Extremely Loud and Incredibly Close: movie review (VIDEO)
Wrenching and at times exploitive, 'Extremely Loud and Incredibly Close' takes on 9/11 events as seen through the eyes of an 11-year-old boy.
In the 10 years since 9/11, debates have periodically raged about whether it was “too soon” to make movies about that awful event. “United 93,” which came out in 2006, was the official "Is It Too Soon" movie and now we have “Extremely Loud and Incredibly Close,” based on Jonathan Safran Foer’s bestselling 2005 novel – which was, of course, criticized at the time for being too soon.
I favor the notion that you make a movie when you make a movie and you let the chips fall where they may. There can be no timeline for this sort of thing. “Extremely Loud” has the advantage of a decade-long perspective on the events of that day, but at its most powerful – not often enough, alas – it brings back in a rush all the pain and sorrow.
The film follows a highly precocious 11-year-old New Yorker, Oskar Schell (Thomas Horn), whose father Thomas (Tom Hanks), a jeweler who was visiting one of the Twin Towers on 9/11, is killed during the attack.
Oskar and his father had a wonderfully chummy relationship. His bond with his mother (Sandra Bullock) is more distant.
To make some kind of sense out of the tragedy, Oskar, who narrates the movie, sets himself an impossible mission. Discovering a key in an envelope marked “Black” in his father’s closet, he decides to find the lock it opens by tracking down all 472 people named Black listed in all the boroughs of New York.
Most of the time his encounters are brief and dismissive. In a few instances, such as the one involving a woman named Abby (Viola Davis), he finds himself innocently walking in on a domestic crisis.
After a while Oskar acquires an ally in his quest – an old man, known only as “the renter” and played by Max von Sydow, who lives down the hall from Oskar’s grandmother (Zoe Caldwell). This dignified and mysterious gent is mute by choice; everything he says is written down on a notepad. It is Oskar’s strong suspicion that the old man is actually his long-lost grandfather.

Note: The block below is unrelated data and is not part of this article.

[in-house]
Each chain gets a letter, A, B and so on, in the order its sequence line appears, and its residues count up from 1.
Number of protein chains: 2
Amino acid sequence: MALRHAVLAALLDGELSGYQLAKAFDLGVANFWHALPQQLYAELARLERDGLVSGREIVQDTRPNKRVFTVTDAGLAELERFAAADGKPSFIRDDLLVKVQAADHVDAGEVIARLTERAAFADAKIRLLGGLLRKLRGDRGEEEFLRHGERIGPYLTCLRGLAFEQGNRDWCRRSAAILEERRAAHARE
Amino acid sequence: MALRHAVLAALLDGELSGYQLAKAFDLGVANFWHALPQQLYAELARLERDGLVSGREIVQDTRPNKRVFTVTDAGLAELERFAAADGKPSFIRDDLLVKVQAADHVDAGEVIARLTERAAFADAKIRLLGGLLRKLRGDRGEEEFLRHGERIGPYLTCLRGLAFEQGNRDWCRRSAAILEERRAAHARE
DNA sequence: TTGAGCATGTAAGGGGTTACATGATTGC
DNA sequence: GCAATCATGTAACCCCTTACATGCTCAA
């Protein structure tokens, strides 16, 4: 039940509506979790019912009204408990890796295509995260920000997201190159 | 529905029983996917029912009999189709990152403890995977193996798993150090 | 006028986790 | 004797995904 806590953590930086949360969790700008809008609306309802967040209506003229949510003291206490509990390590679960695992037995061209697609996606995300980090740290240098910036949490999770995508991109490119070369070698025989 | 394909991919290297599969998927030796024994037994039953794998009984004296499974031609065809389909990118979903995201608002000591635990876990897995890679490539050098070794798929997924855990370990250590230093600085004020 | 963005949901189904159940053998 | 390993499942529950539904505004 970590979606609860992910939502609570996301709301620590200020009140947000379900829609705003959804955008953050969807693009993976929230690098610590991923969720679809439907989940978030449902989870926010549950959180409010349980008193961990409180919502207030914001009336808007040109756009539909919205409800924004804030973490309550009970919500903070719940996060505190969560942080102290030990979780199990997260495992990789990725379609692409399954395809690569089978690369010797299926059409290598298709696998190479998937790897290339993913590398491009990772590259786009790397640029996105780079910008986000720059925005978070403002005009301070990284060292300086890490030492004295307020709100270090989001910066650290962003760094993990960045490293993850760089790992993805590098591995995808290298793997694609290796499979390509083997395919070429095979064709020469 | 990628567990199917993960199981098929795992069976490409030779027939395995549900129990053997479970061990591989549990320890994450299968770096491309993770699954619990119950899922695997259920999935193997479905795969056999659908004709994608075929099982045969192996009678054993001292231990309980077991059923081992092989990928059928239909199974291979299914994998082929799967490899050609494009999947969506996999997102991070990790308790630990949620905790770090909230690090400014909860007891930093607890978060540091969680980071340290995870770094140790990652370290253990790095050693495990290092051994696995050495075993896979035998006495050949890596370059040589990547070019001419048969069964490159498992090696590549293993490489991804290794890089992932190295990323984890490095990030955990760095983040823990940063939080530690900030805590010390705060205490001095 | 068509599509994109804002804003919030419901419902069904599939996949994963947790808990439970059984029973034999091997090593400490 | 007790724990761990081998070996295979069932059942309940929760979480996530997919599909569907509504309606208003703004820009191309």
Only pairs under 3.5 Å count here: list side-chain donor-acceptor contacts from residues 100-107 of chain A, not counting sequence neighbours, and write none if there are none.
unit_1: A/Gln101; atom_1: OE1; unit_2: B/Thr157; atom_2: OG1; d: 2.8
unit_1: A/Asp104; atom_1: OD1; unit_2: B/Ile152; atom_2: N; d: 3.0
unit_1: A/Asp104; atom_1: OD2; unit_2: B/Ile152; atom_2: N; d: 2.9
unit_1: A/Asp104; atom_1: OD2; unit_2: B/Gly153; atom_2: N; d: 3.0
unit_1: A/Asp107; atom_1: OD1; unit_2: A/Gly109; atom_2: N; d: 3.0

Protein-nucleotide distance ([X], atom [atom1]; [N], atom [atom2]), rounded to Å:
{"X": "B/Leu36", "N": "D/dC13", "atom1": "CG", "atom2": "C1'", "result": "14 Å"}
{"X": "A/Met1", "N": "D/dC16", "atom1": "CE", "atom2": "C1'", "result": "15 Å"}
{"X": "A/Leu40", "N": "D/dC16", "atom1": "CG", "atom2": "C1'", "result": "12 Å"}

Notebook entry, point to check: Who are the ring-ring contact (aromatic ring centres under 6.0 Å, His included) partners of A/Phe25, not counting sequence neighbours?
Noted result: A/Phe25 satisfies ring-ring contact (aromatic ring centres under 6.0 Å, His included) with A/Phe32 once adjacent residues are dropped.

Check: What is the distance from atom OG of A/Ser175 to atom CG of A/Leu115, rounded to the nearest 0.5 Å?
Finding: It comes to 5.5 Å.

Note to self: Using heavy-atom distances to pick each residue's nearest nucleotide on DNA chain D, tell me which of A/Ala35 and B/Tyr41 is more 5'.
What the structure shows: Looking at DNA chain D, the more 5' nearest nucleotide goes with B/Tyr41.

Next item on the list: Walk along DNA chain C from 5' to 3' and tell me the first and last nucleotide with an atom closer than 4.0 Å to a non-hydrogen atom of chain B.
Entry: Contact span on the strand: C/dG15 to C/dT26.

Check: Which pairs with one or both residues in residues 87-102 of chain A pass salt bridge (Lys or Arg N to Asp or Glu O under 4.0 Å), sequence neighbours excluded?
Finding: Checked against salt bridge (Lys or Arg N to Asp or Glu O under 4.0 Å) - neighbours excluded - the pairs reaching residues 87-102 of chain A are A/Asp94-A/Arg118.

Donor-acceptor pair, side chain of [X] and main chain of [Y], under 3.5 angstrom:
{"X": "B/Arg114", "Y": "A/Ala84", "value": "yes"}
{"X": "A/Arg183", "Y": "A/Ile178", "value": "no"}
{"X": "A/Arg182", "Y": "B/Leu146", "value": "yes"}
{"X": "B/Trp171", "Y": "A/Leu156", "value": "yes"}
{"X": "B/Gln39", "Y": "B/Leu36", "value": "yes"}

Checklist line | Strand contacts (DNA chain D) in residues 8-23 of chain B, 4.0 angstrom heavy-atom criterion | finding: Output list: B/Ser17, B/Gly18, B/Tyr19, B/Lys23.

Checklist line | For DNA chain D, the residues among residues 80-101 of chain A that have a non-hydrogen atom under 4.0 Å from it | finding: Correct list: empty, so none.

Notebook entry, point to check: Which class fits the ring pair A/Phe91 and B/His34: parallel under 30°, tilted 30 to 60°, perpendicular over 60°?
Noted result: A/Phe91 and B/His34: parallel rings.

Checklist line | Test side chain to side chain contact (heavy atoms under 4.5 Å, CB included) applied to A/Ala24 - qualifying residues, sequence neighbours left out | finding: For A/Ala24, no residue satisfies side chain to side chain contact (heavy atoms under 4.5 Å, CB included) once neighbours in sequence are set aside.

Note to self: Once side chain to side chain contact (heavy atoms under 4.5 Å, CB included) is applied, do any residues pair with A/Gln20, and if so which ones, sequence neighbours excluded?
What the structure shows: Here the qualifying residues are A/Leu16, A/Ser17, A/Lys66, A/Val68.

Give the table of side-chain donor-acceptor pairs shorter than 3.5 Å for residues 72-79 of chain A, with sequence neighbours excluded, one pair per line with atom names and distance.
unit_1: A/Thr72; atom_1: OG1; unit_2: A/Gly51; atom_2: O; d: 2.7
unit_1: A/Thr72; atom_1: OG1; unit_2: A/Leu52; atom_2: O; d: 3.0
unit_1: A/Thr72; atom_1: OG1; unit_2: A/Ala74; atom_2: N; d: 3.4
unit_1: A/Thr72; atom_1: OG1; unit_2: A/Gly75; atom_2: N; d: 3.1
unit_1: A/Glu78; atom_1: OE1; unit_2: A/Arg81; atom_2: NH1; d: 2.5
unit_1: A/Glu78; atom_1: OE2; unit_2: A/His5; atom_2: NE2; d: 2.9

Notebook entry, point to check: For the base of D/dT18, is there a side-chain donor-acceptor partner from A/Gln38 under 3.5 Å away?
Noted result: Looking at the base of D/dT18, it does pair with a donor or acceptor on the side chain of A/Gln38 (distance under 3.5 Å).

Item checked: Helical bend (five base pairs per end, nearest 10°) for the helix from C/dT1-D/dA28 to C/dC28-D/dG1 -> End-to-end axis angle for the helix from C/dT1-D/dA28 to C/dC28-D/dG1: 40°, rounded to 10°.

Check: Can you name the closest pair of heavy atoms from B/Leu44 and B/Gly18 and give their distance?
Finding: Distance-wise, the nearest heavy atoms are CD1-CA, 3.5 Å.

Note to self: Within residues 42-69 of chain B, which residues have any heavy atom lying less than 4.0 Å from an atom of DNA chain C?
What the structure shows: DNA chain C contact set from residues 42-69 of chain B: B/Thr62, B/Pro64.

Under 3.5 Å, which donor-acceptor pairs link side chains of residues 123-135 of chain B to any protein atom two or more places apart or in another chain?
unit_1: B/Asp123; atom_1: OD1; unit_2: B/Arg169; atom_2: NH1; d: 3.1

Oskar’s precocity and obsessiveness is linked to a possible diagnosis of Asperger’s. (“Tests were inconclusive,” he dryly comments in voice-over.) He’s a wearying kid, and Horn – who is himself a prodigy and a champ on the junior edition of “Jeopardy” – can be a wearying actor. (It’s his first movie.) He never lets up. No doubt this has a lot to do with the way Stephen Daldry directed him. Still, the film’s title could just as easily apply to Oskar as to 9/11.
Amid this beehive of overacting, the nuanced, damped-down performances of Von Sydow and Davis, though she only has a few scenes, are like a balm. (Hanks and Bullock are good, too, though their screen time is likewise brief.) But the central dynamic – Oskar’s search for meaning in his father’s death – is obscured by the boy’s frantic odyssey, which quickly takes on a life of its own untethered to 9/11. It is only near the end, when Thomas’s increasingly panicky phone messages from that day are played out, that the film hits home.
How could it fail to? Daldry and his screenwriter Eric Roth make the mistake of showing bodies falling from the Twin Towers – it’s a mistake because its graphic power seems more exploitative than cathartic – but they otherwise thankfully refrain from pulling out all the stops. They don’t need to. Grade: B- (Rated PG-13 for emotional thematic material, some disturbing images, and language.)
Sandra Bullock remembers 9/11:
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